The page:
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Aha! Got it, Daniel. In fact, I think I have that fishbowl stamp. I looked to see if I had put a picture of the card I had made with it into the computer, but I guess I didn't because I made it quite a while ago before I had a scanner. Oh well, when I have time, I'm going to try this technique again.

Really like the way you put the cat in the fishbowl and spotlighted him.

Janet
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Old 01-29-2013
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Thumbs up

Glad you got the idea of mortise-masking, Janet.

I think my 'fish bowl' stamp was actually a snow globe. I 'masked' off the base before inking so it became the bowl.

But that raises other ways we can use masking--to remove parts of an image when we ink the rubber. Trick is to remember to remove the mask after inking & before stamping...LOL.

And... See the dove on the tag piece? A stamping friend thot I had layered it onto a base tag. Her comment reminded me of another way to use masks...

If I had made a mask of the dove I could have placed it over the stamped image & smudged some ink around the image to create the illusion of layering--trompe l'oeil.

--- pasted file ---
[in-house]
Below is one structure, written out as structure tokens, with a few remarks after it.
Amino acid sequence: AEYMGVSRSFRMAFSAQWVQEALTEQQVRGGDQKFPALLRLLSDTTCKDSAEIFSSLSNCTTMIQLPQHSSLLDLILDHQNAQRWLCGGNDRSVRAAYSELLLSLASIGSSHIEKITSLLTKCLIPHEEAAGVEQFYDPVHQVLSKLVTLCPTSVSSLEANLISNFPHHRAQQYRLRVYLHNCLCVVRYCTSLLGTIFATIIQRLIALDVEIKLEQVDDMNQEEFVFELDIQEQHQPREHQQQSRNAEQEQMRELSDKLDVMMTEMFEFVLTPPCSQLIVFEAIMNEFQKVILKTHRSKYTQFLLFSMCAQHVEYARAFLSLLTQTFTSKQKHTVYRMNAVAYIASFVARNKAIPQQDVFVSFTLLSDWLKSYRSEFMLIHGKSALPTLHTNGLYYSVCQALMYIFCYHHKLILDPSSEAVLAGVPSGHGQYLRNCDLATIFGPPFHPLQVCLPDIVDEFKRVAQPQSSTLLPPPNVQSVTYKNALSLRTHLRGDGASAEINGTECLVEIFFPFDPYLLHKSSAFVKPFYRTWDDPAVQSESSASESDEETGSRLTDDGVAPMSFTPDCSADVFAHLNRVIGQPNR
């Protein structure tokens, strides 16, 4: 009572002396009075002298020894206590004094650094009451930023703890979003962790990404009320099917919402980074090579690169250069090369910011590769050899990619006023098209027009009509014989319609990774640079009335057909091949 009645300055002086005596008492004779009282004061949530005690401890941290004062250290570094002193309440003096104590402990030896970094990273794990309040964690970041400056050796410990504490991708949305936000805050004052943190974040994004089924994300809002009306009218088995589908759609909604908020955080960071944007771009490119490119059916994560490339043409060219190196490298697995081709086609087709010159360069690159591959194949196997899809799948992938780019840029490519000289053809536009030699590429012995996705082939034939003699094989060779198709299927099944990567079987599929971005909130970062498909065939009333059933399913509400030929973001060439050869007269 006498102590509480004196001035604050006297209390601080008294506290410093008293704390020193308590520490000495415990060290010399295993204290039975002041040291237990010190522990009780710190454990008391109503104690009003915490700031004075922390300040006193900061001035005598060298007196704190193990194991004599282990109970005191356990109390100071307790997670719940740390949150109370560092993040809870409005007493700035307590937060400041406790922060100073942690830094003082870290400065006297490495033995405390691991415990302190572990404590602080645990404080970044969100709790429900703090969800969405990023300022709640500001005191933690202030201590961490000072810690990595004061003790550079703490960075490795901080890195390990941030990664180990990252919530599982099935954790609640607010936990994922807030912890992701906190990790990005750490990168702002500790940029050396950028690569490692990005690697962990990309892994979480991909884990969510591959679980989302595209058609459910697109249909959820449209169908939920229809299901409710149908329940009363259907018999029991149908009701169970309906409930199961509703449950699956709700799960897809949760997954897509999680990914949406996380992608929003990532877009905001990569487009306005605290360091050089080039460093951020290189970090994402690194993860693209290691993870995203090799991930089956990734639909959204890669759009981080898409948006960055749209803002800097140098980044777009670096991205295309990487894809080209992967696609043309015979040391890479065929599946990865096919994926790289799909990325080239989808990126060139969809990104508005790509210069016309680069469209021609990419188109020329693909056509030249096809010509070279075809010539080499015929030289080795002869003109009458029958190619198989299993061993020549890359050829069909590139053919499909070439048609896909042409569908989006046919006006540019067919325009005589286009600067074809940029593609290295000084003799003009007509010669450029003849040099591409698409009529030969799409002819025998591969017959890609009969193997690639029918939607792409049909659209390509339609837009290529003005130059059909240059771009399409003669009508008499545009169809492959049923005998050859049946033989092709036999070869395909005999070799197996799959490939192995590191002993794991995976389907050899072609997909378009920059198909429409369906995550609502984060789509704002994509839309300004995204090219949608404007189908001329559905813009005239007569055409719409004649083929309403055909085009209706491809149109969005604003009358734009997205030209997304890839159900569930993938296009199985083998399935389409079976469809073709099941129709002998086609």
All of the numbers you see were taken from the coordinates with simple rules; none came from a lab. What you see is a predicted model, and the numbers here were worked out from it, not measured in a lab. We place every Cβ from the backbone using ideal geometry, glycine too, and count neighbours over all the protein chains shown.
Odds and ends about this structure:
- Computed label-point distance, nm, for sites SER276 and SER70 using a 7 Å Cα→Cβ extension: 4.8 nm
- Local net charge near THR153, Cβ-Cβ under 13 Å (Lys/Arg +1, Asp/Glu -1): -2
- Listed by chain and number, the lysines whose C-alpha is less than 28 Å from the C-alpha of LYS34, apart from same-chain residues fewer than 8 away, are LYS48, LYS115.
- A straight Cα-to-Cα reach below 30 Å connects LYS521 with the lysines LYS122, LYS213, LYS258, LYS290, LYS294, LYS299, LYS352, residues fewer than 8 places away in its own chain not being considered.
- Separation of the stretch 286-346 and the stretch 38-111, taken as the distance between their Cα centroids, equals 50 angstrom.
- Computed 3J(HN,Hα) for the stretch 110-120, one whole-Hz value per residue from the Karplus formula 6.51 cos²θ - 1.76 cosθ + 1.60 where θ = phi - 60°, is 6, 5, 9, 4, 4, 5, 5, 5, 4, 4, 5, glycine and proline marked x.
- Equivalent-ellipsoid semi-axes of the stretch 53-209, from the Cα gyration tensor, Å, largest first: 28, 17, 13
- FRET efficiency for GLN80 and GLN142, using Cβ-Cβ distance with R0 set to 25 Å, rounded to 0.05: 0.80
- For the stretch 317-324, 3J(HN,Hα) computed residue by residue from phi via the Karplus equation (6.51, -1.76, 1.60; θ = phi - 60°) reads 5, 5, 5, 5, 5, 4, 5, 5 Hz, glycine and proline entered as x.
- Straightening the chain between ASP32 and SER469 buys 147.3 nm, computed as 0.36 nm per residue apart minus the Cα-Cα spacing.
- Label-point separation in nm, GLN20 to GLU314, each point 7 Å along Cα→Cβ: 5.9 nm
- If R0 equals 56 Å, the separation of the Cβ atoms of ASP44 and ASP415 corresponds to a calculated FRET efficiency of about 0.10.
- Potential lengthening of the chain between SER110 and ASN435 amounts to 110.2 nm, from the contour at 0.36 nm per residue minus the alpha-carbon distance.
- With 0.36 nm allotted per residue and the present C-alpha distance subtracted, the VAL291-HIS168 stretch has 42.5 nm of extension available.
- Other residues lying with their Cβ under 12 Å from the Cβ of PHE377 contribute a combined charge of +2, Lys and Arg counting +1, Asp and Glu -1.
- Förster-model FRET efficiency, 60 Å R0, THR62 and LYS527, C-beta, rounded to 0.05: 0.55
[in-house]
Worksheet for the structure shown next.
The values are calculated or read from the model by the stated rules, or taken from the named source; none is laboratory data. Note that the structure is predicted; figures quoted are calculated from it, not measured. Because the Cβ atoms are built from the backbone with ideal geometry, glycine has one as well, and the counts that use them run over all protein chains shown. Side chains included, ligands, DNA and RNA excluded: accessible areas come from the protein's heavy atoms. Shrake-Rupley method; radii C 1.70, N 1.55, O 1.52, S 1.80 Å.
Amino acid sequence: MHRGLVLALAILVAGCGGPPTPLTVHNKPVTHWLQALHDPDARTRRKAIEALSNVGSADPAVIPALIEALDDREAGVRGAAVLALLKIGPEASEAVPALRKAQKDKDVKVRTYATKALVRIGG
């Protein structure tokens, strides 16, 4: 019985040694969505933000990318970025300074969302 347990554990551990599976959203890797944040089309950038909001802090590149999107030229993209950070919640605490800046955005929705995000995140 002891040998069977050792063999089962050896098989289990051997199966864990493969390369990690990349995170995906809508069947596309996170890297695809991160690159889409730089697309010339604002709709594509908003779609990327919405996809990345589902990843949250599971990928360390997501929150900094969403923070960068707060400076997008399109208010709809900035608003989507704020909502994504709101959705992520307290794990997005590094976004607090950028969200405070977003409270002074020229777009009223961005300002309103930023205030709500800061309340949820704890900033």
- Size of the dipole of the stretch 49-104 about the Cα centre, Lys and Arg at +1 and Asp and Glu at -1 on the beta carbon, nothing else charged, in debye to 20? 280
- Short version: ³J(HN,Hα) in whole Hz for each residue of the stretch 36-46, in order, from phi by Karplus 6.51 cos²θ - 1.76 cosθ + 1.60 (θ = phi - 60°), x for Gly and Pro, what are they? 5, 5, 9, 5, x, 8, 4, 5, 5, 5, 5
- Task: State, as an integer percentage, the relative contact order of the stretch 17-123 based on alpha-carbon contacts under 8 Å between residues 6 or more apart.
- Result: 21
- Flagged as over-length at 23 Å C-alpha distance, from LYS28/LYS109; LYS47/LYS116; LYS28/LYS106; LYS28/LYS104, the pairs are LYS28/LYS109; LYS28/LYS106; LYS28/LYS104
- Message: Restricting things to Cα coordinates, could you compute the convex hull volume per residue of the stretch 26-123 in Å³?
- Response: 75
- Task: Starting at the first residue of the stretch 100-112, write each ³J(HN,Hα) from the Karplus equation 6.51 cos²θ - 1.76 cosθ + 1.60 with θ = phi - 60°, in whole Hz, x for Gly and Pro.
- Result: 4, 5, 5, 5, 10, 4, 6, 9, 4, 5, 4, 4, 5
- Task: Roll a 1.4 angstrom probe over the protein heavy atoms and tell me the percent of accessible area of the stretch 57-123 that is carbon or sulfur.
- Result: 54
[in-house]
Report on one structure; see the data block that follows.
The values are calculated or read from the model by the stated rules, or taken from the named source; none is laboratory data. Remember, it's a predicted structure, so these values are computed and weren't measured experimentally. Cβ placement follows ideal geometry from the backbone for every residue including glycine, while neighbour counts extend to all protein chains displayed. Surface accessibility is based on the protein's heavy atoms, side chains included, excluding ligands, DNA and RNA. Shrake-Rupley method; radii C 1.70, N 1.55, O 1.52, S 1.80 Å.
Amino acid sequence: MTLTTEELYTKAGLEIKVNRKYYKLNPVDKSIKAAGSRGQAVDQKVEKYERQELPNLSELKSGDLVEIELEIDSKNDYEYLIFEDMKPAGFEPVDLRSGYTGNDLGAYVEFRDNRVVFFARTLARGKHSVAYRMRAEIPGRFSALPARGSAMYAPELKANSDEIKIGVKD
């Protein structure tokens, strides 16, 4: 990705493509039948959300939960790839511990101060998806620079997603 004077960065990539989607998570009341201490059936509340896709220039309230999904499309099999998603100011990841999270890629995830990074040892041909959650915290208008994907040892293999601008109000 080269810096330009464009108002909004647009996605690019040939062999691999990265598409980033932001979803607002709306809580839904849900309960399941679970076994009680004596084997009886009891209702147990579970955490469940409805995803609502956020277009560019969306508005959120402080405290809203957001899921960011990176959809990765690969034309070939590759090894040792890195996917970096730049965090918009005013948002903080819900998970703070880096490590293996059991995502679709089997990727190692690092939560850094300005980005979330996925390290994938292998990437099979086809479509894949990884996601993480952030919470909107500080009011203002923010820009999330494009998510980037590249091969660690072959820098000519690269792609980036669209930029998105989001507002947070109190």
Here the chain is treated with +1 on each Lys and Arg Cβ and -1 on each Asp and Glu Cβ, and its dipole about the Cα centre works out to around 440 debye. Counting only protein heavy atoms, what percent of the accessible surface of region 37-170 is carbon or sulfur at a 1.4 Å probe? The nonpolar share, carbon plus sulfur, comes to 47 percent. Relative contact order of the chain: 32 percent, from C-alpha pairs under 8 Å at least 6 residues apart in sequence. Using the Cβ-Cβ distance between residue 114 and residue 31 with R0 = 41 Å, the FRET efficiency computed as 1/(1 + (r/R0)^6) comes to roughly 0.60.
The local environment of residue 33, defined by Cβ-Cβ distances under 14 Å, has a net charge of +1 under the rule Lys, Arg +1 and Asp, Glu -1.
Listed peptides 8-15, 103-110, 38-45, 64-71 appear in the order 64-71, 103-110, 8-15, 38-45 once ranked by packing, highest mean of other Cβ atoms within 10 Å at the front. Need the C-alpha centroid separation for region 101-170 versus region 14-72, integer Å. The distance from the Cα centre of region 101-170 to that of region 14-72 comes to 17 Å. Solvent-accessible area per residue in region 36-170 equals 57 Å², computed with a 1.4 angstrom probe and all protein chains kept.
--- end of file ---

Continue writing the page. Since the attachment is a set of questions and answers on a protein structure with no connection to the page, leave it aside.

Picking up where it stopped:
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Old 04-14-2013
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Smile

Been awhile since I shared a masked piece...

If you look at my piece for the April Recycle Challenge, you'll see I used the same lady & moon stamps for this project, but went in a very different direction for this project.

It was done for 2 challenges. One was to use an egg--shape or stamp; the other was to produce a 'mosaic' using stamping.

Here's what I did: I cut an egg shape out of copy paper. The frame was used as a mortise mask for the lady & moon (masked in the regular way). Leaving the mortise in place, I used a 'large crackle' stamp to create the mosaic look. I used a pen to reinforce some of the crackle lines & colored the images with crayons.

I removed the mortise & masked with the egg template & used a pen to outline the shape. Then I used the blossom stamp to 'build' an arch shape--masking a bit as needed. I added some penwork to reinforce the arch's shape & finished by using a punch (oakleaf) to nibble the edge into shape.

I asked Kathy to place this on black for scanning purposes. I like the results. It reminds me of Victorian 'Arts & Crafts' period for the blossom frame & the lady part looks a bit like Pre-Raphaelite painting to me.
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Last edited by Daniel; 07-19-2014 at 10:22 AM.
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Old 04-15-2013
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I mask as little as possible because I'm too lazy to cut out the masks. Maybe that's why I'm not to fond of scenic stamping.